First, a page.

The surprising feminism of Degrassi: Next Class

Degrassi has always “gone there,” but with the latest iteration, for the Netflix audience, the season spent a great deal of time focusing on feminism. From Maya’s (Olivia Scriven) anthem and online trolls to an active feminist club, the subject was not merely a theme floated through one hectic episode, but a focus throughout the season.

It begins in the third episode – #YesMeansYes – when the series brilliantly tackles the important topic of consent, as it applies to one of the show’s main couples, Maya and Zig (Ricardo Hoyos). The two have had sex once before, so Zig sees no problem in pushing Maya into a physical relationship once again, as he fears the romance is fading.

Complaining about the situation, Zig and pal Tiny (Richard Walters) display a familiar, shocked reaction to rape, though they had just basically been discussing the idea of coercion and force when it comes to sex.

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The boys were shocked to hear the suggestion of rape, even after talking about being “assertive” in their sex lives (image via Netflix)

Their friend Grace (Nikki Gould) swoops in with the female perspective – and cold, hard truth of the matter -expertly pointing out that consent is an important part of a sexual experience, one that is required every time, no matter your relationship status.

Next, in episode three – #NotOkay – Maya experiences sexism at a gig as men scoff at her, expecting her to be unable to handle her own musical equipment and calling her ‘blondie,’ before an audience member drops the B word when frustrated that she – not surprisingly – doesn’t want him screaming into his cell phone during her set.

Furious over the unfair treatment – and damned if she was going to let sexists stop her from following her dreams – Maya writes a new song: “Not Okay.” The pop-y, dance song shares her thoughts on sexist micro-aggressions such as catcalls.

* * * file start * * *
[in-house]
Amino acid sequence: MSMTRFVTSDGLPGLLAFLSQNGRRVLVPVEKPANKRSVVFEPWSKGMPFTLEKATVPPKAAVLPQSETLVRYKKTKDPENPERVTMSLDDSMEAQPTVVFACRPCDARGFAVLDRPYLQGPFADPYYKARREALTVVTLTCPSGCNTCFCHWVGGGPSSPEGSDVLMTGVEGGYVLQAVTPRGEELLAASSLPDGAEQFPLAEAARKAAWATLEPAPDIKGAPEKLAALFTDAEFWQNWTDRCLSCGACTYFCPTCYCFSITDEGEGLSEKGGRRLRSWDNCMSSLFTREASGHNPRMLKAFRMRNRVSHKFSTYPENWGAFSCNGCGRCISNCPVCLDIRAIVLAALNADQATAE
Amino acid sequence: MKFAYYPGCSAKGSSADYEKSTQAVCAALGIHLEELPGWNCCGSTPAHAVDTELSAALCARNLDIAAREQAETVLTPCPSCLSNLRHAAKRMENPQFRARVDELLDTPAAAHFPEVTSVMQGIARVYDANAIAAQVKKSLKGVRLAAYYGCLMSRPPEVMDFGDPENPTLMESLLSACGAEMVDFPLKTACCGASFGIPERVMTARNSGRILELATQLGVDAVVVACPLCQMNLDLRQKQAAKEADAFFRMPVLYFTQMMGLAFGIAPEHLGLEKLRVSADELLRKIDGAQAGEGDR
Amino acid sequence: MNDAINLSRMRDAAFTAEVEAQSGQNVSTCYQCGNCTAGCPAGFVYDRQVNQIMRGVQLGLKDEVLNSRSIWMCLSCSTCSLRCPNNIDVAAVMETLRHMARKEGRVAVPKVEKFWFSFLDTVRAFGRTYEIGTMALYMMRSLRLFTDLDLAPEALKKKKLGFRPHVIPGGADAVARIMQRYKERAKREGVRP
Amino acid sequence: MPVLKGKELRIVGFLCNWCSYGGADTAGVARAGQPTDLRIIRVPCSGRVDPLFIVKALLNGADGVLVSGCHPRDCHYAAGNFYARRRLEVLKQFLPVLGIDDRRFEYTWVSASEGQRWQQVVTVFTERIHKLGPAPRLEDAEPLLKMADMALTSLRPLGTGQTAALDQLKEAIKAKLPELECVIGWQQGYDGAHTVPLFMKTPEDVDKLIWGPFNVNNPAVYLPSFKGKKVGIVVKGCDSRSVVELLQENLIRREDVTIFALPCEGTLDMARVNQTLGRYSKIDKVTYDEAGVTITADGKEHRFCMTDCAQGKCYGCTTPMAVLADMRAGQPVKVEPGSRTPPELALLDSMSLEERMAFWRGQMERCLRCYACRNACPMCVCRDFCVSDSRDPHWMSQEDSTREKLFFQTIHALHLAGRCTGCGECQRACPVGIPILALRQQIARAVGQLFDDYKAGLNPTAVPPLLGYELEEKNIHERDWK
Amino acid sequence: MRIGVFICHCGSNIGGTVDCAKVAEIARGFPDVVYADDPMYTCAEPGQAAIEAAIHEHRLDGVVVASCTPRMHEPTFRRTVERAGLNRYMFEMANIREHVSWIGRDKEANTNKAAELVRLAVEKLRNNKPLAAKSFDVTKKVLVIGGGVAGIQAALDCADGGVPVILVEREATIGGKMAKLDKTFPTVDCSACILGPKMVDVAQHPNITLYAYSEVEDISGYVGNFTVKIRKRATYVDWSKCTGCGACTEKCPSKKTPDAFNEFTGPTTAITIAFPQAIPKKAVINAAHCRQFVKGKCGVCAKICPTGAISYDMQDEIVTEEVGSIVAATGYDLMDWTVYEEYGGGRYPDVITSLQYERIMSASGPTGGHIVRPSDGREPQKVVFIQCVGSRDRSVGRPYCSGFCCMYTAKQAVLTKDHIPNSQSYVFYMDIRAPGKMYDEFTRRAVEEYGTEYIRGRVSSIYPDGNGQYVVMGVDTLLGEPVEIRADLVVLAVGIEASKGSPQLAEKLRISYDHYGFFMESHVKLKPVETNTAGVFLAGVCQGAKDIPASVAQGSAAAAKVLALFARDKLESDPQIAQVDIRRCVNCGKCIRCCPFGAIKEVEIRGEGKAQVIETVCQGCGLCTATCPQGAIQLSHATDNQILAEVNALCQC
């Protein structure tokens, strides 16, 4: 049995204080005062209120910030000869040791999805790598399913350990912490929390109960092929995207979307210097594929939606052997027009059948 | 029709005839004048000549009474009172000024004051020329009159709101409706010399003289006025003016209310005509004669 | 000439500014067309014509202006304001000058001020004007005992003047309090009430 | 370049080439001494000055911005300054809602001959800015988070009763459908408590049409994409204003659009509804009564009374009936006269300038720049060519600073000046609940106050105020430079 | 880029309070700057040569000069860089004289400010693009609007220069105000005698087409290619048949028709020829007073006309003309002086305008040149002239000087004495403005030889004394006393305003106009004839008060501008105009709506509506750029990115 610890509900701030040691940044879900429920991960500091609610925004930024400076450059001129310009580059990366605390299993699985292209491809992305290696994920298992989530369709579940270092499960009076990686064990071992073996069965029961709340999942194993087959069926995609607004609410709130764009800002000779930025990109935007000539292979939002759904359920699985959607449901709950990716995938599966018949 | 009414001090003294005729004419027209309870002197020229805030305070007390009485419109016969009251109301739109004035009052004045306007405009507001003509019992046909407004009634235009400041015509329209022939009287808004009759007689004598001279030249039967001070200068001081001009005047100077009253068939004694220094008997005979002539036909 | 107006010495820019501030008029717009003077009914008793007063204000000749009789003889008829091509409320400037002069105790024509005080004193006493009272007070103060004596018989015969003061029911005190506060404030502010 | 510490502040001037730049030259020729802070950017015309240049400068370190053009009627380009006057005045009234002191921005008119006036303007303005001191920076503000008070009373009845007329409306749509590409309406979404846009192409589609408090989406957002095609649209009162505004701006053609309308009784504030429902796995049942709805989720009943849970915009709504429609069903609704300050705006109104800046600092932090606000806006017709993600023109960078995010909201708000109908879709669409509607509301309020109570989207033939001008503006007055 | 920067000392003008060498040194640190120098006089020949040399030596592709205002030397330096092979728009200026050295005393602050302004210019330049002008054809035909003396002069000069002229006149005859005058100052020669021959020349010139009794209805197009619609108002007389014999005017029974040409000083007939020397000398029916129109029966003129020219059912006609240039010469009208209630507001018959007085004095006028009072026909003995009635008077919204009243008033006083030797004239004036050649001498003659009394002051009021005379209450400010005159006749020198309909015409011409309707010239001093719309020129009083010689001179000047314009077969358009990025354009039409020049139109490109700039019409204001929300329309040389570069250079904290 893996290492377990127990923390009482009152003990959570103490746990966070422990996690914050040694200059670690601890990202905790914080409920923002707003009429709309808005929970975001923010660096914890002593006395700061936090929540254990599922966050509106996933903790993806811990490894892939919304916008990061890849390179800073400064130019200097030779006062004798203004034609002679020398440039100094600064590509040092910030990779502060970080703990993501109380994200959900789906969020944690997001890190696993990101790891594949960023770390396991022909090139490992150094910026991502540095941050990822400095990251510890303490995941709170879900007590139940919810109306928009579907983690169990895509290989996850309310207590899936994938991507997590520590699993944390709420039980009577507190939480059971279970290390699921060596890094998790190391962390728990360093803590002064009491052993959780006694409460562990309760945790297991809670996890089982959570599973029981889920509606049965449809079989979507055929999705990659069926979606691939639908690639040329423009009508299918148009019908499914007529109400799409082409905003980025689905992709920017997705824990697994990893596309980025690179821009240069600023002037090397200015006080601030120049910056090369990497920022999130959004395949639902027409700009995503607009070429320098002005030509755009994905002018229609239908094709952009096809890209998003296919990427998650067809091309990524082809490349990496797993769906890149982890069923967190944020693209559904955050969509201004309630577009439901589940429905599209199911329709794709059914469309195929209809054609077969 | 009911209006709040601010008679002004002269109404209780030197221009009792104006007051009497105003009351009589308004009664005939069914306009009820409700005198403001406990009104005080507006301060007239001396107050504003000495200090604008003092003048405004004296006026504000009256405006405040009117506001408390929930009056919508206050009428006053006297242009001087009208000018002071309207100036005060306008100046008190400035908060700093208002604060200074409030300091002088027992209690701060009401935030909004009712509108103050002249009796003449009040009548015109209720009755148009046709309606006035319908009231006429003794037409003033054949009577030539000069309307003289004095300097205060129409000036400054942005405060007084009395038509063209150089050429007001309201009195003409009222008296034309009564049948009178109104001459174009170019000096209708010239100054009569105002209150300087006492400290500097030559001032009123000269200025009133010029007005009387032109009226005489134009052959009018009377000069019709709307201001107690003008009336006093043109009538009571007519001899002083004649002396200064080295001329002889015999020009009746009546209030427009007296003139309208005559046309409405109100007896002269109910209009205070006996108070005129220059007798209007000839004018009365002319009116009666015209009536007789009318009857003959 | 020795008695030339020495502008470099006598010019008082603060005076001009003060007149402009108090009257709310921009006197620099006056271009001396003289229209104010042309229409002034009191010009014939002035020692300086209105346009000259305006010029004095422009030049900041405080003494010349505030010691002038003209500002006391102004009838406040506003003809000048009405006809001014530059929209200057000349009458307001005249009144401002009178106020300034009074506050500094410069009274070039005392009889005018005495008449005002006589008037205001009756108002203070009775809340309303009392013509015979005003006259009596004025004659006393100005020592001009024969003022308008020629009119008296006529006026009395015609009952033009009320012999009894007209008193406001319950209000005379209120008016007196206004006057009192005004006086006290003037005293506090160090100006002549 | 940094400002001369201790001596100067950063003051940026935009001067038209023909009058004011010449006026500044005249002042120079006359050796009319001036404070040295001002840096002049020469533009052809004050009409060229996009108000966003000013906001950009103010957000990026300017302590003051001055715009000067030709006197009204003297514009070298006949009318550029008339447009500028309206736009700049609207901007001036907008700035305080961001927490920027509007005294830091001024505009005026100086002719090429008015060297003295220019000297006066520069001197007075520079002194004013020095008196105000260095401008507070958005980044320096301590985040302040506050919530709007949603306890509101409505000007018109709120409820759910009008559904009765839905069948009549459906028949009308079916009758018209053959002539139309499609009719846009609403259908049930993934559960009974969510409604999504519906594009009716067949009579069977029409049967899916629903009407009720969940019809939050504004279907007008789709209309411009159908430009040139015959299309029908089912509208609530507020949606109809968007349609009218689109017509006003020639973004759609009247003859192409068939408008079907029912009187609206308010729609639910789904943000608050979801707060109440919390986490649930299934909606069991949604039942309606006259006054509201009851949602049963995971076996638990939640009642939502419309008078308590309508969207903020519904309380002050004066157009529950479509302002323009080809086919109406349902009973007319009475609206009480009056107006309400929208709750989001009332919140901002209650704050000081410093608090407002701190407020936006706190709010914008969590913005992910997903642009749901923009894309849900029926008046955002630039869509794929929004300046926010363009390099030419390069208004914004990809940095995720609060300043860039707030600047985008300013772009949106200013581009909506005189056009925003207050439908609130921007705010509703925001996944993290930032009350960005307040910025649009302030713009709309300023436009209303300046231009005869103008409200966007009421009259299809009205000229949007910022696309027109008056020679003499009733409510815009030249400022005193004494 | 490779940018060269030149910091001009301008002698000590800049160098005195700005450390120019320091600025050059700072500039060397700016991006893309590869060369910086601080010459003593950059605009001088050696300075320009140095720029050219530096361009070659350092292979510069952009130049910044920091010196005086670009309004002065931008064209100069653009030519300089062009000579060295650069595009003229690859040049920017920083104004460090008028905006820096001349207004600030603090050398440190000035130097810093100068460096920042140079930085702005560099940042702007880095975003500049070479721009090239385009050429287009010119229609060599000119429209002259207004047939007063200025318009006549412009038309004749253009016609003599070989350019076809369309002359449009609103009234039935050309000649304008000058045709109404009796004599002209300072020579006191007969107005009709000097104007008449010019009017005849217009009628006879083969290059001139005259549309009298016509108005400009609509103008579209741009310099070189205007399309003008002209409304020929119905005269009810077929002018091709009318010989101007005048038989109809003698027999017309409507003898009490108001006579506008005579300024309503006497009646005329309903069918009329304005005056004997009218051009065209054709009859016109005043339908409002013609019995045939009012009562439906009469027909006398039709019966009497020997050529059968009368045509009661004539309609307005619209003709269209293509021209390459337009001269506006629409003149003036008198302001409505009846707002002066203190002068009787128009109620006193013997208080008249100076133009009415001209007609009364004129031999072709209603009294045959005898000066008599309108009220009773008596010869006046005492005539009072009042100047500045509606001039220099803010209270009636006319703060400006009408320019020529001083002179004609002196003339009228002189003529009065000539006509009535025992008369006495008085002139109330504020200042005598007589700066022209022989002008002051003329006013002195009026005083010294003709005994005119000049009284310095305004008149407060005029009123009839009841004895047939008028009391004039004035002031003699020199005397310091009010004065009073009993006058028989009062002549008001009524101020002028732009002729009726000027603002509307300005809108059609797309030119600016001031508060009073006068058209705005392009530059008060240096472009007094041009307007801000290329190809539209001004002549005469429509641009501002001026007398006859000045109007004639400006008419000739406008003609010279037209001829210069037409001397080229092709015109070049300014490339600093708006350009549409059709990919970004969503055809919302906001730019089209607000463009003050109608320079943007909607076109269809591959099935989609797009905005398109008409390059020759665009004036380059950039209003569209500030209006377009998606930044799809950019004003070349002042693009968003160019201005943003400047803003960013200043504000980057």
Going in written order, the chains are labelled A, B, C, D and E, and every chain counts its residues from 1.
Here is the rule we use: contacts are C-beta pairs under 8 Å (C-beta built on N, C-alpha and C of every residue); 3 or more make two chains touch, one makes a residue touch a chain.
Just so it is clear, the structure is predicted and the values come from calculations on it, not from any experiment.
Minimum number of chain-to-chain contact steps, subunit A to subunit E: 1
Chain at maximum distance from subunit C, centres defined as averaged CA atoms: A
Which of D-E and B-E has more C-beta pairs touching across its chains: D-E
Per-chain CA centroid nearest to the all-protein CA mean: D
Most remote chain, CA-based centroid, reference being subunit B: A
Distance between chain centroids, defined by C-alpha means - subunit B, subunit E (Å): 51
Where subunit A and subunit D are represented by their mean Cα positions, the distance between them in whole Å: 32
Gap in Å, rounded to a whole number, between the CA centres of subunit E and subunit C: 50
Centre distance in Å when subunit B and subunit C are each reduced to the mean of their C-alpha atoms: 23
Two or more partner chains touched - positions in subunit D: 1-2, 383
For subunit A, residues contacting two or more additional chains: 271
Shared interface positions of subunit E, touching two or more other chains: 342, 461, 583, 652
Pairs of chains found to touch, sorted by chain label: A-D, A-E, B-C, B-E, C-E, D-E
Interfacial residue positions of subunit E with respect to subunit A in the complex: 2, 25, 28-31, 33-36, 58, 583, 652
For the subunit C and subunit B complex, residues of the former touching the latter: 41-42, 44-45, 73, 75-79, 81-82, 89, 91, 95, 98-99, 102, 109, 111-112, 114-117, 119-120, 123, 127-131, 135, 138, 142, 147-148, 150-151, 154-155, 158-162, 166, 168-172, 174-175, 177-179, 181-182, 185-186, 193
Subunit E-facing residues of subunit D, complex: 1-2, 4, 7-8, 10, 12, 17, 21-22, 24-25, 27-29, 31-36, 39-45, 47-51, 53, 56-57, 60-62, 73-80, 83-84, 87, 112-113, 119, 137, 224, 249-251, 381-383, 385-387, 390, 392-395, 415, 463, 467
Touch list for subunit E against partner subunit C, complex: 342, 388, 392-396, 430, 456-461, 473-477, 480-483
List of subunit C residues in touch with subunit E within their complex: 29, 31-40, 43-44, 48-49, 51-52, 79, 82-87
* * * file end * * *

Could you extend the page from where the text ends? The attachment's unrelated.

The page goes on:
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Grace set them straight on the importance of consent (image via Netflix)

“Don’t call me babe when you know my name/ You’re not the hunter I’m not your game. This is it. You gotta know when to quit/  And you’d better get used to it,’ Maya sings.

The chorus says: “Hey, this is not okay/ Hey, hey, I said no way./ You say I gotta chill. That’s not cool/ Just take care of yourself. I’m no fool./ Hey, this is not okay/ Hey, hey, I said no way./ You say I gotta chill. Well, guess what?/ Just take care of yourself.  ‘Cause you’re messed up.”

Her song becomes somewhat of an anthem throughout the rest of the season, even helping her to understand what a feminist is, and that she is one herself. At first, Maya found herself confused by the word, mistaking the strive for equality with a hate for the opposite sex.

However, head of the feminist club, Goldi (Soma Bhatia), explains that it simply means Maya is in support of such things as equal pay for men and women and equal access to education – an issue which happened to fit well with a current campaign of the club.

See, Degrassi has five bathrooms for each sex, but one of the boys’ five restrooms is never used, whereas the girls at the school are left waiting in a long line whenever they need the facilities, causing some to be late for class, missing their equal share at education.

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Maya and the feminist club worked to get another bathroom for the girls of Degrassi (image via Netflix)

Soraya Chemaly wrote a thoughtful piece on this very topic for Time last January, and Goldi does a wonderful job of explaining the issue, lobbying Maya to her side despite her boyfriend Zig’s close-minded view.

Later, after a video game club is shut down for its sexist treatment and portrayal of women, Maya is targeted as the scapegoat (not unlike the vitriolic response Chemaly discussed having to the aforementioned Time article, mentioned here).

Degrassi: Next Class shows the harrowing issue of internet brutality, which sees women facing threats of rape and death whenever they say something with which online trolls disagree.

As I’ve said before, as a fan of the show, I know that Degrassi has always ‘gone there,’ but in watching this new season on Netflix I was really pleasantly surprised by how thoroughly and effectively it tackled serious, feminist issues.

Not only is it a quirky, fun teen comedy, but hopefully for those who watch, it can be a tool in making a difference in the way we look at important issues relating to feminism and rape culture. God knows we need all the help we can get.

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